Drug rehabilitation school trapped in a funding limbo

PUBLISHED : Friday, 03 July, 2009, 12:00am
UPDATED : Friday, 03 July, 2009, 12:00am

Christian Zheng Sheng College, the city's only combined drug rehabilitation centre and private school, is not able to rely on the Education Bureau to pay for its relocation plans because of its unique dual purpose.

The college, which has more than 100 students, is at the centre of a dispute over its hopes to leave its overcrowded premises on southern Lantau in favour of the vacant Heung Yee Kuk Southern District Secondary School building in Mui Wo. Local residents oppose the move.

The Education Bureau drew fire from legislators yesterday at a special Legislative Council education panel meeting because the bureau was not helping the school relocate.

Wong Yuk-man said the school was overcrowded and had substandard classrooms.

However, Undersecretary for Education Kenneth Chen Wei-on said the college had no local precedents on which to draw, so the bureau would have to consider the college's proposals before agreeing to fund its relocation. In the meantime, the school could only seek subsidies as a drug rehabilitation centre, from a fund under the Security Bureau.

'After the relocation plan is set, we will talk with Zheng Sheng about its detailed relocation needs,' Mr Chen said. The location would be finalised after discussions in the Islands District Council and Heung Yee Kuk, principal assistant secretary for security David Wong Fuk-loi said.

College officials disputed the bureau's position. 'The Education Bureau is not doing what it should in its position,' college supervisor Jacob Lam Hay-sing said. 'The bureau has never been in touch with us to talk about the relocation issue.'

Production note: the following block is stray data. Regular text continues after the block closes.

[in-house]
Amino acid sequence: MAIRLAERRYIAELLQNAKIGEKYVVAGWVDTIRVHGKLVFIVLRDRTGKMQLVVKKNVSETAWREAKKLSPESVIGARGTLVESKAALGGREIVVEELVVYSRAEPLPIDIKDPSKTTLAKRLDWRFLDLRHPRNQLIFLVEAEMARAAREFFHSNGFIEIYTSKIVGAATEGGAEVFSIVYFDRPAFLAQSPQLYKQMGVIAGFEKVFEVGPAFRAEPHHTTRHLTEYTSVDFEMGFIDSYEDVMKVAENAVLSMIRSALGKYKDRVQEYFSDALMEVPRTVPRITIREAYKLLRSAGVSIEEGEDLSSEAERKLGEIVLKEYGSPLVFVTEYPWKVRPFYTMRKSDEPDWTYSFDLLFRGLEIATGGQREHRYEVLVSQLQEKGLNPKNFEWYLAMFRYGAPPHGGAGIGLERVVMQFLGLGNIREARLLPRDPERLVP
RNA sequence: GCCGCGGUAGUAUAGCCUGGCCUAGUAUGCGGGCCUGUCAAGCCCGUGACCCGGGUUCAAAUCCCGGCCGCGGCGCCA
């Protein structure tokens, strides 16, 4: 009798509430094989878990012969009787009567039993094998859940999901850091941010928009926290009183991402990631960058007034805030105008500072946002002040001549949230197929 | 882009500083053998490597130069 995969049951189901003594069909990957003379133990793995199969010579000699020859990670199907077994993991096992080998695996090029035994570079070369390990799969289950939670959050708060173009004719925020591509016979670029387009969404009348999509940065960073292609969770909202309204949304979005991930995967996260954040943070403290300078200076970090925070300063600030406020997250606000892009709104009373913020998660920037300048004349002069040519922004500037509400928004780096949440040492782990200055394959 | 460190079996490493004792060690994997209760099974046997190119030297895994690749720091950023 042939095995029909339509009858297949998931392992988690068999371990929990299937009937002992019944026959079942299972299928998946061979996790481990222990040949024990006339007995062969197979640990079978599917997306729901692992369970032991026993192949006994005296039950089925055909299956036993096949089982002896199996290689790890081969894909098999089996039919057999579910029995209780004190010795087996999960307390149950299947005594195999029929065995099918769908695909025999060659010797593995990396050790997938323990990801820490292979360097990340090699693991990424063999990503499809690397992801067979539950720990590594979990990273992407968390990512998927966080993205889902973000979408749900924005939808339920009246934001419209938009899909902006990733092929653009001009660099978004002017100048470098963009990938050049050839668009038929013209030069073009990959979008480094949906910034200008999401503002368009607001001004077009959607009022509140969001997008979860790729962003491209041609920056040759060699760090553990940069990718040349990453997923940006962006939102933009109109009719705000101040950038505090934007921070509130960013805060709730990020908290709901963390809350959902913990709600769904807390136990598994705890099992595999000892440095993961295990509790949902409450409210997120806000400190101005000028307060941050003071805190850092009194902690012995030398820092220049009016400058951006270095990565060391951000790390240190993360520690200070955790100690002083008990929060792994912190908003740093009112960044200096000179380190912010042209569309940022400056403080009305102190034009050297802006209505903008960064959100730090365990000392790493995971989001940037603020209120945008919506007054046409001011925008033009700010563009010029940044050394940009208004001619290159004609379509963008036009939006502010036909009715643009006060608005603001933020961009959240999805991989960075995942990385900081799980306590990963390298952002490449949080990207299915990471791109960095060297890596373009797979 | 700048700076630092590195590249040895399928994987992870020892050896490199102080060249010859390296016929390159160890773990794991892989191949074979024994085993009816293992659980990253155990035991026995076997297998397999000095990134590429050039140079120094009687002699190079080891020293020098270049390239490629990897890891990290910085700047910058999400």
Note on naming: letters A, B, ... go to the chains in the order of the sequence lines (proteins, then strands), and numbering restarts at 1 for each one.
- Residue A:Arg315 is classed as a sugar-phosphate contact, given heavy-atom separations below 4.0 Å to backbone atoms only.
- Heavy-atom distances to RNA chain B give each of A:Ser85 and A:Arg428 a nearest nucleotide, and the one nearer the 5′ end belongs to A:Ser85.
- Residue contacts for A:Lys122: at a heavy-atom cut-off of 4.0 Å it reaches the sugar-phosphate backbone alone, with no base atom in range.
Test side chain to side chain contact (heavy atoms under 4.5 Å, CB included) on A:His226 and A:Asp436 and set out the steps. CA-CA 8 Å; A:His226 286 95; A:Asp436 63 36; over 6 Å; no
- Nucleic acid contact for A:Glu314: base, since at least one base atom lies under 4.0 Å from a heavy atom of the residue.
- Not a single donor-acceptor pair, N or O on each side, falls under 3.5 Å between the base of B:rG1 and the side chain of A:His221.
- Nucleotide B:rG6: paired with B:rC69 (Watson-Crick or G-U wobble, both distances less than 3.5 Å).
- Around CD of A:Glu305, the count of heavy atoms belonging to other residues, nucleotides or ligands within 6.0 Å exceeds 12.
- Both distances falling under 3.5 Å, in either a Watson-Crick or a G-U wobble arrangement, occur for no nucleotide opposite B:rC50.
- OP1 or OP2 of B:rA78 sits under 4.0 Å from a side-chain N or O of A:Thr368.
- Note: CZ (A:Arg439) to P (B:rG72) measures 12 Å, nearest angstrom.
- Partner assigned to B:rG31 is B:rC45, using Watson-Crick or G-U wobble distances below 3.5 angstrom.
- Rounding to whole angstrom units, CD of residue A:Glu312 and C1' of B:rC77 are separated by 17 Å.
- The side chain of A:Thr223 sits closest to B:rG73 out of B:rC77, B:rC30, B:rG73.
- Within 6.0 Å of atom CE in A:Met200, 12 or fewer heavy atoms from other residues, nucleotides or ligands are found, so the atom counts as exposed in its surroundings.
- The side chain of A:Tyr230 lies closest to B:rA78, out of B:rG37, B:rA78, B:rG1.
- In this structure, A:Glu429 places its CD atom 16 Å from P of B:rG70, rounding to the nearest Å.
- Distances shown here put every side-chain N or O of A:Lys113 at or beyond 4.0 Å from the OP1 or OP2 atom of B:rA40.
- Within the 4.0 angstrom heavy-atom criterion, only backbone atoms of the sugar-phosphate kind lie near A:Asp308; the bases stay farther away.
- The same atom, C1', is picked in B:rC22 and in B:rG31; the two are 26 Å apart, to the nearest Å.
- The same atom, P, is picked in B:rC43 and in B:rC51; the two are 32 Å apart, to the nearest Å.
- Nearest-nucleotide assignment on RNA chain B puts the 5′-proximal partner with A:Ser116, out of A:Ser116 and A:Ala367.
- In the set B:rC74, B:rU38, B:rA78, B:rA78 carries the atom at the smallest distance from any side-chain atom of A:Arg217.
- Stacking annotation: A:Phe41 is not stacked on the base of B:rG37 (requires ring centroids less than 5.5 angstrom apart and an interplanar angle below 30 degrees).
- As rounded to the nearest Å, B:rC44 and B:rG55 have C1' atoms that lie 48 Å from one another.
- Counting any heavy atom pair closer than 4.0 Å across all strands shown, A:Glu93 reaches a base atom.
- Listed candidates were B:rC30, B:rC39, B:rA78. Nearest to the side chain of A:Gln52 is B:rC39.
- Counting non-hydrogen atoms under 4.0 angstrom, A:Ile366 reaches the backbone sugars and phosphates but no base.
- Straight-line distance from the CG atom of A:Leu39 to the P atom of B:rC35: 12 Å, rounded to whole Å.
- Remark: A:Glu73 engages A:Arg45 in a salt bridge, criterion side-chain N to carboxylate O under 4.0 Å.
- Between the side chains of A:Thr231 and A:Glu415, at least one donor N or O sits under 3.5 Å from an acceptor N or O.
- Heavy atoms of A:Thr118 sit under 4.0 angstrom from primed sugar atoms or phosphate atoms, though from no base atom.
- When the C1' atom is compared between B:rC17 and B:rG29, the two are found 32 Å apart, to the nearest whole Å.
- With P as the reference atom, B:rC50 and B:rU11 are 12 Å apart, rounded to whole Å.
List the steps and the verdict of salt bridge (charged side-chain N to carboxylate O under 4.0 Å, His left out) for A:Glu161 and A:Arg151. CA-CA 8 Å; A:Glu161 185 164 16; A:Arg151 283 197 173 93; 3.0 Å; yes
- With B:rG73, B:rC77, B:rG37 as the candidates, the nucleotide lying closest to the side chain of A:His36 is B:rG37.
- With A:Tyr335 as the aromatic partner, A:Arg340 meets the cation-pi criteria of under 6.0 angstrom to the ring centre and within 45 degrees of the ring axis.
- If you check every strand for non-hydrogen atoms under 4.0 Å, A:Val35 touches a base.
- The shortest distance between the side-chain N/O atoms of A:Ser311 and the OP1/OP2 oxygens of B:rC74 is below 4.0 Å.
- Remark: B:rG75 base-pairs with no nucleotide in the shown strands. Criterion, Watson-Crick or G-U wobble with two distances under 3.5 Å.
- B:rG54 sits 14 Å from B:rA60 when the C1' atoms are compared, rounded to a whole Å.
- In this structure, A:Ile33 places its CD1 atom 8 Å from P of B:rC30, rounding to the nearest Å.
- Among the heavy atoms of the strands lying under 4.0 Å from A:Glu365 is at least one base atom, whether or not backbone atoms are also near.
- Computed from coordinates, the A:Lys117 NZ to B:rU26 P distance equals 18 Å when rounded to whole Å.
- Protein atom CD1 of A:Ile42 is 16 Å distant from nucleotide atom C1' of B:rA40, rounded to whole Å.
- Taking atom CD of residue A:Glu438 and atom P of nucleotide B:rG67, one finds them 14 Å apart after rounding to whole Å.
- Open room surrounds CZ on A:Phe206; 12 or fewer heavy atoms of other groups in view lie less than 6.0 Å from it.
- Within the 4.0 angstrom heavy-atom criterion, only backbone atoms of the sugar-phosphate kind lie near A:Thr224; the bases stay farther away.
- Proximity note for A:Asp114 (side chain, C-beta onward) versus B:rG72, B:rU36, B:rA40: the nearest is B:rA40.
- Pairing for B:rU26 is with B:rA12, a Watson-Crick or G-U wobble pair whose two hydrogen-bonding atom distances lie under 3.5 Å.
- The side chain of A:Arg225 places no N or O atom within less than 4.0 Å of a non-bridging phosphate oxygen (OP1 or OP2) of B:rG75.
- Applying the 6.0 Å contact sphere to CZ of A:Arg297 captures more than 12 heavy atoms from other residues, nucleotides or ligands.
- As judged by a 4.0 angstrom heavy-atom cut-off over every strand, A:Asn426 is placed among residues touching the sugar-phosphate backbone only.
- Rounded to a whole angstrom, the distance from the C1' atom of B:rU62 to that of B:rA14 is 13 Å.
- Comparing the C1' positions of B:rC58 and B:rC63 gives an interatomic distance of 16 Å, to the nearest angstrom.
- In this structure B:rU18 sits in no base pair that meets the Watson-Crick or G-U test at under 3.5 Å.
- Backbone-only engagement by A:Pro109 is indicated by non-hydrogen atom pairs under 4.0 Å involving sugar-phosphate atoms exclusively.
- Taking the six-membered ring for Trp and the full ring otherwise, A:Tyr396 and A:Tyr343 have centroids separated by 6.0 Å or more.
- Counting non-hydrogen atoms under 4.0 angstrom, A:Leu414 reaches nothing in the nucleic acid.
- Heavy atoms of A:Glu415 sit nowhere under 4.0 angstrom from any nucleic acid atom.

He said young drug users might not be able to get an education. 'Some of our students had been out of school for a year or two before they came to us. But they should still be in the free education framework.'

In response, an Education Bureau official said the bureau had a team that tracked students aged 15 or under who had left school. Staff would help get them back into school.

The question of whether students identified as drug users under a pilot scheme of voluntary drug tests at schools - to be implemented in the next academic year - would receive adequate support was also a subject of debate. Legislators said they were concerned that students could be forced out of school or have their identities revealed in public.

School managers, teachers and discipline teachers would be given specially tailored information packets in the coming school year, Mr Wong said. '[The packets] will include information about who should be told about students' conditions.'

And the Security Bureau would 'intensify' a probation order scheme in the second half of this year, he said. A special team would be set up to cater to youngsters given probation orders due to drug problems.

The teenagers would have their behaviour checked against the terms of their probation more frequently. If they behaved well, the probation period could be shortened. But if they broke any rules, they could be brought before a judge to account for their actions, Mr Wong said.